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#10 Overcome your internal obstacles with high self efficacy
Obstacles, we all have them and yet the most common obstacle my clients (and myself) come across are those created by our own mind. In this podcast we deep dive into the power of self efficacy theory and how you can use it to overcome those mental obstacles to being that better professional, creating that big idea, hitting those targets you dream of and much much more.
20 Aug 2019
#09 World Creativity & Innovation Week
www.Ideaswithlegs.com/giveawayThis week is the United Nations World creativity and innovation week and it’s important because it’s all about how to encourage creative and innovative thinking. And if the United Nations think it's important, I think we should all think it's important as well.Creativity and innovation play a major role on the economy. The Creative Economy is worth around $2.5 billion a year, and relates to the visual arts, design, new media performing arts, and publishing and generates close to about 13 million each and every year.The innovation economy is what the worlds business powerhouses are playing. Businesses such as Google and Facebook for example. So what that means is that innovation is extremely important not only to us as individuals as either knowledge workers or members of the community or business owners or people working organisation, it's also what we can do for society. The UN believe that innovation, creativity and entrepreneurship is one of the key catalysts for providing momentum to economic growth for job creation and expanding opportunities. Opportunities for everyone. That means workers, children, mothers, women. It means trying to provide solutions for big issues such as poverty and hunger.Innovation and creative thinking is one of the ways that we can help to solve these problems. Innovation can help us to solve existing problems that exist right here right now, and innovation can help us to prevent any future problems that might be arising in the future. Most importantly, innovation can help us to make the world safer for everyone.What I thought would be really cool was to share with you some classic Australian inventions and innovative thinking, because for many of our readers who are based in Australia, we often say that we're not very innovative here in Australia.So let's get stuck into them.The first one I want to talk to you about is called the ‘black box voice recorder’. In the 1950s Dr David Warren was looking at ways of improving flight safety. He was investigating an Australian plane by the name of the comet that just kept crashing. Tragically also for Dr. Warren, his father and died in a aeroplane accident, way back in the 1930s and that prompted him to look at ways of making flight safety, more accessible. Subsequently he invented the ‘black box’ recorder. Nowadays they are all bright orange so that they can be recovered easily.Another invention worth being aware of, was by an Australian of the Year, Professor Fiona Woods in 1999, Professor Woods heads up the major burns unit in a Western Australian Hospital. She was responsible for saving many lives after the horrible Bali bombing, many years ago. She invented ‘spray on skin’. Basically they take a certain amount of fresh skin and and put that into a petri dish and grow more skin from it and then spray this onto the burnt skin so that the damaged skin would repair it faster, reduce scarring and also reduce infection.Here's another one. Now this is going way back into the 1920’s, and it was the first pacemaker ever invented. Dr. Mark Lidwell and physicist Edgar Booth created a pacemaker that was attached to a needle and by injecting that needle into the heart, after 10minutes minutes of electrical stimulation a heart could be beating on it’s own an in correct rhythm.Google Maps is another invention that came out of Australia. Back in early 2000 there were two Danish brothers by the name of Lars and Jen's Rasmussen living in Sydney and they teamed up with two Australians Stephen Ma, and Neil Gordon, and together they founded a company called Where 2 technologies. Three years later, in 2003, Google bought them up and they continued to work on developing what is now known as Google Maps.Another Australian invention that I guarantee you use every day - Wi Fi. In 1992 john O'Sullivan and the CSRI developed Wi Fi.And for those of you who may be expecting a baby ultrasound scanning was another Australian invention. ‘Ausonics’ was a spin off of an Australian research team which was looking at the use of ultrasound, way back in the 1950s, but it was in 1976 when they first commercialised the ultra sound scanner and the rest is history. So if you're wondering where those scans come from. you can think the Australians for that one.The worlds first anti cancer vaccine was developed by two people in Australia in 2006. Professor Ian Fraser and Dr Jian Zhou created the research that led to the cervical cancer anti vaccine drug by the name of Gardasil.Some of you might be thinking, Oh it’s easy for professional inventors scientists and researchers to be innovative.The good news is that we can all be innovative and we all already have creative, and innovation skills. Yes you do. Remember when you were a kid you were a very curious creature. You asked questions, “Why…?’ You experimented by doing, and combining new things. Taking food and adding it to dirt.That's what innovation is. It's about combining things not usually combined before, it’s about pulling things apart and exploring. And the only reason why we've lost this is we are taught more about conformity, rather than creativity and that's what stifles so much about innovative thinking.So how can we bring back creative and innovative thinking? Simply put, first one would be to ask more questions. The power of your questions determines the quality of the solutions that you create. If you're not getting great ideas it’s probably because you're not asking the right type of questions. So get better at asking questions.Ask why do we want to solve this problem? Why is it not working at the moment? What would be a better solution?The second thing that we can do is get really good at experimenting. The motto for experimenting is ‘spend a little, learn a lot’.Chances are you’re up against some obstacles in your organisation. We have the CIK the chief ID killer at the top, and then we have the COO, the chief obstacle officer. We've got the CTO who is the chief thwarting officer and then we've got the CFO, the Chief Fear Officer, then underneath that we've got the misinformation manager, we've got the the risk analyst, the blame others technician and the process complexity advocate.If you're in an organisation like this It's time that you start to stand up for your right to innovate stand up for creating a better future, not only for your yourself, not only for your organisation, but for the industry and for the world that we live in there, when we can do that, we're going to create a better environment for all of us.One of the ways that we're celebrating this international creativity and innovation week is by giving a couple of giveaways.We're going to give away a number of innovation mentorship and number of innovation of our innovation books. To find out more about these him to www.ideaswithlegs.com/giveawaySo that's it for me. I hope that's given you some value by getting you to think about how innovation and creativity is important. Thanks for reading.Cheers,NilsFounder of Ideas with Legs | Innovation speaker | consultant | author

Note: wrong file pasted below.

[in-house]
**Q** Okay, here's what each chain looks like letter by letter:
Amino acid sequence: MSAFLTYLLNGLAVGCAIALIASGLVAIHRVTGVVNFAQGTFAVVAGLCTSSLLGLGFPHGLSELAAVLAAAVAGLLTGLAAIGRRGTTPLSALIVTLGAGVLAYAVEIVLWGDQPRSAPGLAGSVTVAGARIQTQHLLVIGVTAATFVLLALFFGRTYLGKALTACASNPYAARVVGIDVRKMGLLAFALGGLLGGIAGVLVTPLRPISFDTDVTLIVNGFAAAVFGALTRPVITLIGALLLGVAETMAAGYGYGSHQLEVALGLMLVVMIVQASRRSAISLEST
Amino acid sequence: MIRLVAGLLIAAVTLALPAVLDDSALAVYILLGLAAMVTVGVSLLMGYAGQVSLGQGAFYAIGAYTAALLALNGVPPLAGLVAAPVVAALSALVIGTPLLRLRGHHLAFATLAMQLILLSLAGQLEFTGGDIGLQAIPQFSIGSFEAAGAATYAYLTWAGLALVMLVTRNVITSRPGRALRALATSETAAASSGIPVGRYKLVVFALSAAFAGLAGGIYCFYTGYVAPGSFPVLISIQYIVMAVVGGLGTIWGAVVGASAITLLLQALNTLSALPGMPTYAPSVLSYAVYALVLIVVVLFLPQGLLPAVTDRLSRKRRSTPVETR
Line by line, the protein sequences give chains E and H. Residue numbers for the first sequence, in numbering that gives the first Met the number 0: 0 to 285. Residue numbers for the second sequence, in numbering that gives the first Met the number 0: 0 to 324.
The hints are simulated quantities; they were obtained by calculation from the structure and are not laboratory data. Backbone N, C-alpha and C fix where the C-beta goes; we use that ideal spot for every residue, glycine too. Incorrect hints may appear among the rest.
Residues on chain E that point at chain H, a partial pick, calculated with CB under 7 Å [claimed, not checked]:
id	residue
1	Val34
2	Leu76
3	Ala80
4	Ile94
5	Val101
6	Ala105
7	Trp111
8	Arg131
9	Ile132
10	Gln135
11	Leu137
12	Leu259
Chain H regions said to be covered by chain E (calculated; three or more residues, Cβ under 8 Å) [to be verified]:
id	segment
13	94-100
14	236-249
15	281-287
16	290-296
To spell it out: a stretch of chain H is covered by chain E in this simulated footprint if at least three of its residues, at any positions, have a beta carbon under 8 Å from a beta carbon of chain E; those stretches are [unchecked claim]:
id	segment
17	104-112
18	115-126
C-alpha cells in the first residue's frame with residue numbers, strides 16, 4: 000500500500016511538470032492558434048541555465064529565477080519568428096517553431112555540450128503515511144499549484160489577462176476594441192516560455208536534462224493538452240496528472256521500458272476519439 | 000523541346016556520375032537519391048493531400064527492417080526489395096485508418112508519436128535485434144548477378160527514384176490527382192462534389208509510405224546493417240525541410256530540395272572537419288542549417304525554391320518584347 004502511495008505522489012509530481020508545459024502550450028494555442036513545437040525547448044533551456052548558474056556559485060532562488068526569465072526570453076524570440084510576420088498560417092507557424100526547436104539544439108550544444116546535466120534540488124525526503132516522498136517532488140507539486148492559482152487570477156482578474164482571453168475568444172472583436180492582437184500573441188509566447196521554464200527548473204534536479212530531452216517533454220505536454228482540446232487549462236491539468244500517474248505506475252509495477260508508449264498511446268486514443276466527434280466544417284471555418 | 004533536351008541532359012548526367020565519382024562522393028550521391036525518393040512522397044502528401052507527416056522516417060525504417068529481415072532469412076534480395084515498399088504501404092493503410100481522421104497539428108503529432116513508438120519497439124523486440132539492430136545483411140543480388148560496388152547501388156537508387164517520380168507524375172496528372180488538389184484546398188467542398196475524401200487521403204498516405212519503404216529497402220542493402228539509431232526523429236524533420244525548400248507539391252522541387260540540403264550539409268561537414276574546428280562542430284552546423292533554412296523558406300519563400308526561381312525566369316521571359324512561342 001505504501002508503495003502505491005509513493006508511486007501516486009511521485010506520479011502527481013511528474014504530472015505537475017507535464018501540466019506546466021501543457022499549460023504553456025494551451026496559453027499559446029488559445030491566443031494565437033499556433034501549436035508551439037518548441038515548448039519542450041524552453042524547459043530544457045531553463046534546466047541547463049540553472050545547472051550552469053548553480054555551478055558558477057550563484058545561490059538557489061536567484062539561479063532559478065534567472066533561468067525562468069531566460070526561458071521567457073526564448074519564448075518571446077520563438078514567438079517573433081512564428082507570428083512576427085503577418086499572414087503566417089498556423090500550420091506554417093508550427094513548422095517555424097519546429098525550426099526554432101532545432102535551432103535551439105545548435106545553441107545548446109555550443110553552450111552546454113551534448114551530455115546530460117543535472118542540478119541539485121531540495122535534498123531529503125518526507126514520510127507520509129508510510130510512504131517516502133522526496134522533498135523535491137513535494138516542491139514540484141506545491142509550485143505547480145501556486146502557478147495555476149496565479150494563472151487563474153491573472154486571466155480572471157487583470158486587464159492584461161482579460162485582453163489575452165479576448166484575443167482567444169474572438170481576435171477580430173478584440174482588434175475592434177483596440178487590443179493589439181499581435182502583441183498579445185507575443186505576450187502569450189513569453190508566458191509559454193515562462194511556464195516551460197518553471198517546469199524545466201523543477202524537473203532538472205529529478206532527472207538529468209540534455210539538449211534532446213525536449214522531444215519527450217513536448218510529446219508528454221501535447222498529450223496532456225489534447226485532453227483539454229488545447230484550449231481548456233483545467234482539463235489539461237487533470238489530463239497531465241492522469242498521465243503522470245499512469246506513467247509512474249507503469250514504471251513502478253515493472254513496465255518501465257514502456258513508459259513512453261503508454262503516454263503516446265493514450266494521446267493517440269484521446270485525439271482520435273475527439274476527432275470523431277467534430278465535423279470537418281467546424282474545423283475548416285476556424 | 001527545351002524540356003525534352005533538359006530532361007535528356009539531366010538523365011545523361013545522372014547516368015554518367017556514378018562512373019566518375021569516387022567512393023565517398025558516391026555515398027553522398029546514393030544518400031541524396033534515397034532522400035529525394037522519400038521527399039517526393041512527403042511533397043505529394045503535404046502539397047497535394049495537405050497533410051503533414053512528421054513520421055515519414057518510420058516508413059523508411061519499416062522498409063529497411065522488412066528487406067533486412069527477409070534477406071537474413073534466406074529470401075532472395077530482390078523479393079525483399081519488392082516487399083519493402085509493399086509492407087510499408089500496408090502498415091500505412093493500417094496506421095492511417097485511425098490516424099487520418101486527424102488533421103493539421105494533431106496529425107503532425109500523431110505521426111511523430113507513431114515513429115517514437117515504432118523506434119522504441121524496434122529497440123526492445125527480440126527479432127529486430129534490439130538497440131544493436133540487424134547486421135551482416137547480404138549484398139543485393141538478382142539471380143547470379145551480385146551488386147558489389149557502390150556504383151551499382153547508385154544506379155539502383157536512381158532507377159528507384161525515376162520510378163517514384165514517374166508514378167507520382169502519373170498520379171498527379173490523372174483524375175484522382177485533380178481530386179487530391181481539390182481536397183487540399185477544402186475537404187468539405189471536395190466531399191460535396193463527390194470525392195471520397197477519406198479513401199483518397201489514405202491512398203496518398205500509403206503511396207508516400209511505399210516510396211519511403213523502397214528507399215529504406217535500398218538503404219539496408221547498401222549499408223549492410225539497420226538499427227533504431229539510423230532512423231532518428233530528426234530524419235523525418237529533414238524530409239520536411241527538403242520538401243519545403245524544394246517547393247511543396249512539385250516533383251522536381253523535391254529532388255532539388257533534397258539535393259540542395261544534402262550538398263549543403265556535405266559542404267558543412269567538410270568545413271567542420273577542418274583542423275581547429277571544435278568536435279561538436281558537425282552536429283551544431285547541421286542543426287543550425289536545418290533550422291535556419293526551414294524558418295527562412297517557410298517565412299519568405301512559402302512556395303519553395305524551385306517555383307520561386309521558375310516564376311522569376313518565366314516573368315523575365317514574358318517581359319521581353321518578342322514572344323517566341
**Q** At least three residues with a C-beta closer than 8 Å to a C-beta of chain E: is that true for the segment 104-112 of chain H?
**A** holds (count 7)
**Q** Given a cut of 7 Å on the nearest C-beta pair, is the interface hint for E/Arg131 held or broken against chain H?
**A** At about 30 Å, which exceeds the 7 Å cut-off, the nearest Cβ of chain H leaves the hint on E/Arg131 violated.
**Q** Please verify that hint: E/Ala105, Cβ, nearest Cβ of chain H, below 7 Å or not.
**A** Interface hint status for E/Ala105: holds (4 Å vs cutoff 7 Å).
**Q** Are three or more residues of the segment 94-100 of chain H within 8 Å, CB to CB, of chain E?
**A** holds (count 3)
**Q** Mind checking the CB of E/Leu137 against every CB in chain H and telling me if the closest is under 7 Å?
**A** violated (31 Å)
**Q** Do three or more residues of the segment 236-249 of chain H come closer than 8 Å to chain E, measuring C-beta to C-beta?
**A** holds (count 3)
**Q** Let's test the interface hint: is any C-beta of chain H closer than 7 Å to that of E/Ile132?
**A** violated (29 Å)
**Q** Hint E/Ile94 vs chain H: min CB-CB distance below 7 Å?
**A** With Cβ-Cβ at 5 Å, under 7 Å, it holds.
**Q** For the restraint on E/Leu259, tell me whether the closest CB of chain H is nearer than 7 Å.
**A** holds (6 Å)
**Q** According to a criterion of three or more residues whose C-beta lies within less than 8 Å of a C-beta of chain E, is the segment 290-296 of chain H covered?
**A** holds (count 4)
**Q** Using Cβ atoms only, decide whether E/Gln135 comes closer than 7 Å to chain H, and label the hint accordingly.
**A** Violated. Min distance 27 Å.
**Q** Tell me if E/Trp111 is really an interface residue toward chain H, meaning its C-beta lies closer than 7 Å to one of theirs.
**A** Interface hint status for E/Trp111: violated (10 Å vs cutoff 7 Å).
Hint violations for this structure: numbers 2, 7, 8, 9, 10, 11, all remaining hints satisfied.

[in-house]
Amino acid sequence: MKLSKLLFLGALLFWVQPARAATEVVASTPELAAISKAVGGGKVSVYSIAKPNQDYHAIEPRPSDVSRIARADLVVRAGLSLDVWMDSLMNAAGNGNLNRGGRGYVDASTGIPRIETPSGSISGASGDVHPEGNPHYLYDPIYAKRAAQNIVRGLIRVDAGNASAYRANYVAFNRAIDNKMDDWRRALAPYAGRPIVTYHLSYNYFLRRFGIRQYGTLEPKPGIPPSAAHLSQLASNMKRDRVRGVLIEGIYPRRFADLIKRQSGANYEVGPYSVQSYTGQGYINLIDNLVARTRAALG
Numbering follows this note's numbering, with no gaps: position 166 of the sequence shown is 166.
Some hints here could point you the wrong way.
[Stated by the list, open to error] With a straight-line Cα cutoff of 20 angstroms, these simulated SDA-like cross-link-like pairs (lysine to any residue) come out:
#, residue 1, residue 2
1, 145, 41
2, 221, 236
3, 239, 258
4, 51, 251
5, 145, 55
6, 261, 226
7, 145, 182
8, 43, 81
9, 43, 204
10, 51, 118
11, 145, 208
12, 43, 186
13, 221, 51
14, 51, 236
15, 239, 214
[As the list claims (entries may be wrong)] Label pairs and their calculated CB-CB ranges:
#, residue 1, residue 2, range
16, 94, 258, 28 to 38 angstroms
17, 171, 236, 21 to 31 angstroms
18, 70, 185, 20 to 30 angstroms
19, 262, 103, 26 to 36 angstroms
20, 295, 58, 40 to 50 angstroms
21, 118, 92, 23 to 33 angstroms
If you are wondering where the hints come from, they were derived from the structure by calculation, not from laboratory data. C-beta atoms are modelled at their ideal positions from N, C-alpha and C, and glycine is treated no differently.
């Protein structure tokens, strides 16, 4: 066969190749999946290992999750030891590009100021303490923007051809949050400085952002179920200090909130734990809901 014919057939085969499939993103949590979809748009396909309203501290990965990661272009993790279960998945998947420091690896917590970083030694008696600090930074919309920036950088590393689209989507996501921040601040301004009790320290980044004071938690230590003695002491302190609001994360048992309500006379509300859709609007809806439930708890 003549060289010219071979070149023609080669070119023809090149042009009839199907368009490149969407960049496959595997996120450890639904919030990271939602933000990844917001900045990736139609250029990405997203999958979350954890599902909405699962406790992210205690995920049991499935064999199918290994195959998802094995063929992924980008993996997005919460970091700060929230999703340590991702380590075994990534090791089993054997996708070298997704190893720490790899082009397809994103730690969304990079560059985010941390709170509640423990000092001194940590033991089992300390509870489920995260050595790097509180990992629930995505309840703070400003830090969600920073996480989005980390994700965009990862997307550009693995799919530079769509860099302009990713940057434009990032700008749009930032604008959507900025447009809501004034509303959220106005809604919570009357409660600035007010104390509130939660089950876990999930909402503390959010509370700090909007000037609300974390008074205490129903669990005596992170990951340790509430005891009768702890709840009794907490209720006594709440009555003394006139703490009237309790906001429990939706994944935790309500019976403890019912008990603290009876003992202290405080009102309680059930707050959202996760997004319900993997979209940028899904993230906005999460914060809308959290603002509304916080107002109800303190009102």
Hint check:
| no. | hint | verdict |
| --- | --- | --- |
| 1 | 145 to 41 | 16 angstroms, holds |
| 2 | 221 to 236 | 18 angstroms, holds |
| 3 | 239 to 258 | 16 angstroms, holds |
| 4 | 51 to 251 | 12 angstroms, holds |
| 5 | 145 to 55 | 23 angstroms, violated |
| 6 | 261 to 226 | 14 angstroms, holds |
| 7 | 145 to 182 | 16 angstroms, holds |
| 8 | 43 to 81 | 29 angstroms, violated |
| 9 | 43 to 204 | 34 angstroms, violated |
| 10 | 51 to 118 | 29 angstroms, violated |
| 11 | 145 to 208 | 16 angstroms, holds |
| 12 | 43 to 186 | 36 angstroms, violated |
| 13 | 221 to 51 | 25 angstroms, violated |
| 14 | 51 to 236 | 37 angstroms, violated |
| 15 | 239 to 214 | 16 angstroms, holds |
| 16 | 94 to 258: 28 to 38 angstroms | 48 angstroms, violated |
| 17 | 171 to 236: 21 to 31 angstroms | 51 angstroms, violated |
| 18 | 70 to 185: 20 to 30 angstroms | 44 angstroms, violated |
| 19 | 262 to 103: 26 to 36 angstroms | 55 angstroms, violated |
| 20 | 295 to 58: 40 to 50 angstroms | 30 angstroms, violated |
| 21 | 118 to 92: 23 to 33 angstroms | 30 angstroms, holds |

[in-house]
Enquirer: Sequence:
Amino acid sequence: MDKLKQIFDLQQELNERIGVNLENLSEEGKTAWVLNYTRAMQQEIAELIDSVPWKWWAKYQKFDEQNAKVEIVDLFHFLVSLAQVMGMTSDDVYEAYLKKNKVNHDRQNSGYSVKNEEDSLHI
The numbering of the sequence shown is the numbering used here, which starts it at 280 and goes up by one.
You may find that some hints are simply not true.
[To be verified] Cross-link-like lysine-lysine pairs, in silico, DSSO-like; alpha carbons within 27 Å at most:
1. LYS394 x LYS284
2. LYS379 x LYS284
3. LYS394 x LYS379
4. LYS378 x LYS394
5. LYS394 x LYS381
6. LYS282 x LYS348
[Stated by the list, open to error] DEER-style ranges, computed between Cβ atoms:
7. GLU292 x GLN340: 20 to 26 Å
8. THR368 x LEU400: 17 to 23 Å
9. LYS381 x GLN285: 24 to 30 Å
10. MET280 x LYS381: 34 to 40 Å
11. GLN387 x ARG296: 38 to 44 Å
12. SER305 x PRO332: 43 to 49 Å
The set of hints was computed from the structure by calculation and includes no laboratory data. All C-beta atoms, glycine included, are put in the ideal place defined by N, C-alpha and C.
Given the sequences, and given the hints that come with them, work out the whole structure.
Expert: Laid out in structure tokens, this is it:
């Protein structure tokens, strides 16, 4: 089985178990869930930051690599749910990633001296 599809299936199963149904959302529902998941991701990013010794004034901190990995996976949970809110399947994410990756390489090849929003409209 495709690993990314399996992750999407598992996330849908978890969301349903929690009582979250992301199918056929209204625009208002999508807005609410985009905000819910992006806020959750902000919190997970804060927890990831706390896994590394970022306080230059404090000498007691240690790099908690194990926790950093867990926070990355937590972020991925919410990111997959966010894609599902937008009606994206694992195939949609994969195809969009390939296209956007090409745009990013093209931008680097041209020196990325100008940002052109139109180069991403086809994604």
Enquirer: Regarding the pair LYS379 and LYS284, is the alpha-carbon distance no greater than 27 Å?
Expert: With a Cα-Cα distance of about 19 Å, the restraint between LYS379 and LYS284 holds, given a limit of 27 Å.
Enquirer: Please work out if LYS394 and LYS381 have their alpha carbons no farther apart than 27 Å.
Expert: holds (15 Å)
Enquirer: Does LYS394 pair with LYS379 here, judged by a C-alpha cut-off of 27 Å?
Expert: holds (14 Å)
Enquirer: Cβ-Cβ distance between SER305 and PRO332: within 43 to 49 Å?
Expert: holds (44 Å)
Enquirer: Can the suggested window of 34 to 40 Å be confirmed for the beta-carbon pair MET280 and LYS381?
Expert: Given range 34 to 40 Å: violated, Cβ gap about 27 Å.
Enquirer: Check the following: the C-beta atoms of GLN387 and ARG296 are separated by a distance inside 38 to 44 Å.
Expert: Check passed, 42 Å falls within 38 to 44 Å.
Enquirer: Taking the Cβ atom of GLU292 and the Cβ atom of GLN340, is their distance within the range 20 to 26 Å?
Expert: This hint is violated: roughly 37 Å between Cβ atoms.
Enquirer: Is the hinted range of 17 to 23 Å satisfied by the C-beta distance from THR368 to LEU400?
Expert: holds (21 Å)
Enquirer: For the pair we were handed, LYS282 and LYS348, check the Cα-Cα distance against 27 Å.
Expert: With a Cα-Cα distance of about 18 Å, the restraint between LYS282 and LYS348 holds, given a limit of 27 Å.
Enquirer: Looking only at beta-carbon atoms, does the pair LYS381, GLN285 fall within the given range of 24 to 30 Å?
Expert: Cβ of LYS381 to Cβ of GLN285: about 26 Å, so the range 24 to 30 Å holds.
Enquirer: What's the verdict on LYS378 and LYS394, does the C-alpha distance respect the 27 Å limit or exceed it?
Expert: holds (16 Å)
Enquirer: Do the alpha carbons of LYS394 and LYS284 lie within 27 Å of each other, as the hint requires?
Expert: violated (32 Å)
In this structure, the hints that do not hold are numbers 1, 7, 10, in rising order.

23 Apr 2019
#08 Reinvent your message
Ever wondered why some messages get more cut-through and buy-in than others? 90% of the time it’s because they are unique, respond to an insight, and prompt an emotional response. The other 10% of the time is because it’s laden with humour.In this podcast I share some of the secrets to help you reinvent your message making. Whether you have a presentation to the boardroom, a pitch to a customer, or a keynote at a conference, the tips I share will help you nail it.
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#07 Discover your innovative strengths
www.ideaswithlegs.com/innovation-strengths-finderEver wondered how innovative you are, or more importantly what ways you could become even more innovative by working in your strengths and working on your weaknesses? If you answered in the affirmative, then this podcast is for you. Nils Vesk unpacks how to assess your strengths and shares a prescription on how to improve to that next level.
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#06 Profitable Pitches and Presentations
You have a great idea, and your boss or potential investors are waiting for your pitch. You have one chance to make a good first impression. Do you have what it takes to deliver a winning pitch? 🤔 Watch this video by innovation expert Nils Vesk as he shares his secrets to a compelling & effective presentation. You may also download our pitch & presenting tools for FREE on our website: http://bit.ly/2EBlfUl :)
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#05 From boardroom panic to boardroom pay-rise
Ever been in a meeting where the pressure as on to create ideas on demand? Yet either you felt flat on your feet & failed to create any ideas, or the ideas you created were too lame to be useful.Sound familiar? I come across countless number of people who share with me the panic, fear and stress that can come when they have to create ideas and solutions under pressure.In this podcast I share some of my most successful step by step techniques on how to create insights and ideas to complex problems in rapid succession. Meaning you can save your job, increase your reputation, and increase your pay-packet.
20 Feb 2019